Dealing with your First Economic Crisis: A Millennial's Perspective

For the younger generation of millennials who were still in school during the Great Recession of 2008, the current crisis is uncharted territory. For many of us, working from home is an entirely new concept that has been a true test of our productivity, mental stability, and tenacity. But despite these challenges, millennials may have the upper hand; our tech-savvy nature and ability to adapt quickly to change makes us well equipped for situations that are in constant flux.

Unexpected Challenges

Many millennials rely on the classic workplace experience that first drew us to our respective companies. It is no secret that a company’s culture is one of the most important factors when it comes to attracting talent. But learning to adapt to only seeing people virtually is a major transition. While occasional work from home days were always considered an added benefit, it can be a bit weird to accept that working from home will be the norm for the foreseeable future— even when we begin to return to the office. Most offices will not be welcoming staff back at full capacity for quite some time, if ever.

A vast majority of the millennial population was hit hard by this economic crisis. According to a recent study reported by Business Insider, 48 percent of workers in clothing stores, 49 percent of workers in food services, and 59 percent of workers in bars are millennials. With all that considered, it's not hard to feel overwhelmed by these factors significantly disrupting our livelihood.

Making the Best of It

Despite the various hurdles we are navigating, millennials in the workplace are dealing with the economic crisis in the only way we know how: simply making the best of it. By embracing the change with an open-minded, optimistic attitude about the future, we were able to quickly adapt to the unexpected twists and turns the pandemic placed upon us. Because we’re digital natives, our ability to adopt new technology was a real asset that cements our extreme flexibility. But to say we did it on our own would be an understatement. By seeking the mentorship and wisdom from those who have faced these untraditional paths before us, we were able to look to older generations for guidance on how to navigate this new playing field.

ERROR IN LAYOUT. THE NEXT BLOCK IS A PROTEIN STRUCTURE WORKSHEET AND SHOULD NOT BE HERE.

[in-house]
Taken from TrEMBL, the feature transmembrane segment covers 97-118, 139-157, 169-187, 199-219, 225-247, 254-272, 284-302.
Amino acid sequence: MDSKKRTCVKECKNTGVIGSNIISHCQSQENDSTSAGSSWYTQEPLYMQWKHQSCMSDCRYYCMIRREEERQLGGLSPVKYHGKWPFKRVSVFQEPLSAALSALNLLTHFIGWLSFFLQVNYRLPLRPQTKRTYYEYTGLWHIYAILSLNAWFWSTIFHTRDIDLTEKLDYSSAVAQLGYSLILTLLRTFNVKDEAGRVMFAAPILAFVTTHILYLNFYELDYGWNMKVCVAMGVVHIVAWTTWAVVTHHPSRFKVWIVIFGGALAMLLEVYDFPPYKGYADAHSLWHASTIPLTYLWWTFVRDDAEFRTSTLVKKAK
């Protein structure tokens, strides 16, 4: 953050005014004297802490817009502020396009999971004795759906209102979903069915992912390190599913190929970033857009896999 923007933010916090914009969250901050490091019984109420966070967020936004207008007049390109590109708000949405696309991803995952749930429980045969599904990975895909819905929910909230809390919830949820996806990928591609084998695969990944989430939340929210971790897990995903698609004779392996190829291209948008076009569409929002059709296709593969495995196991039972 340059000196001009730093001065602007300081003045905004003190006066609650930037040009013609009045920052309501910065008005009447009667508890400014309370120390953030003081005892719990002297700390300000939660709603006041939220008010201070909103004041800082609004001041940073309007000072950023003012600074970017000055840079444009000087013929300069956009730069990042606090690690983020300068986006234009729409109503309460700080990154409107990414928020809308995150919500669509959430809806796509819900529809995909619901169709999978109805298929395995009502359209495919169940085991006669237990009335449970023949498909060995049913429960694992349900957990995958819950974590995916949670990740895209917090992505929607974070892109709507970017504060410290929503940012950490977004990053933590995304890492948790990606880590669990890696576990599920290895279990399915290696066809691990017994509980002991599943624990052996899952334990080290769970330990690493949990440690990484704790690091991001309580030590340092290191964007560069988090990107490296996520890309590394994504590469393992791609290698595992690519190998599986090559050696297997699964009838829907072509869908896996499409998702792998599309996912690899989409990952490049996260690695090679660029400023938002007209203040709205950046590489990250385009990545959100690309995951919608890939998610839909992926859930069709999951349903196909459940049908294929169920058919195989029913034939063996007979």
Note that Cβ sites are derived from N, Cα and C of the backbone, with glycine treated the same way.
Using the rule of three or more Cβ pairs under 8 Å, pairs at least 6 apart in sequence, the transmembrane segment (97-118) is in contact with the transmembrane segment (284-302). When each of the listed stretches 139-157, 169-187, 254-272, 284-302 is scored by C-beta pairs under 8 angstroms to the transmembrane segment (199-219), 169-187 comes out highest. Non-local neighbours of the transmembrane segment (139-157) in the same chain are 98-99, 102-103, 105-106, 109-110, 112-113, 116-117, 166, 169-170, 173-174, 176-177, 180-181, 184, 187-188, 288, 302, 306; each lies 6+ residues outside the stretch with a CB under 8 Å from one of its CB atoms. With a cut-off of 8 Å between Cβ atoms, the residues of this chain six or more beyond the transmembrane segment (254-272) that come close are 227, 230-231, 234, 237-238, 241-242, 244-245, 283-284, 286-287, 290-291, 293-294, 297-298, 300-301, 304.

The unprecedented times we are facing have also encouraged millennials to think about what more we could be doing. How can we demonstrate how much of an asset we are to our companies? When the going gets tough, we must think innovatively to find ways to solidify our role in the workplace and prove our value. Outside of the office, we've also been making the best of our situations. Spending so much time at home has provided us with extensive opportunities to get inspired, whether it’s through new fitness goals, taking up new hobbies, or furthering our education. Notably, millennials are spending this time away from the office taking action to keep their communities healthy and connected through the pandemic and beyond. In fact, Dr. Deborah Birx, coordinator of the White House Coronavirus Task Force, proclaimed millennials “are the core group that will stop this virus.” Whether it’s volunteering with neighborhood mutual aid funds or helping care for a family member, millennials are stepping up during these challenging times.

Ultimately, we have been hit with a tsunami of unfamiliar territory that has proved to be a huge test of mental endurance. As the world begins to emerge from this, we will continue to adapt and adjust to the new “normal,” but most importantly we will persevere through to the end. If there is anything that we’ve learned from this economic crisis and global pandemic, it’s that being resilient, open-minded, and thoughtful in times of transition is key.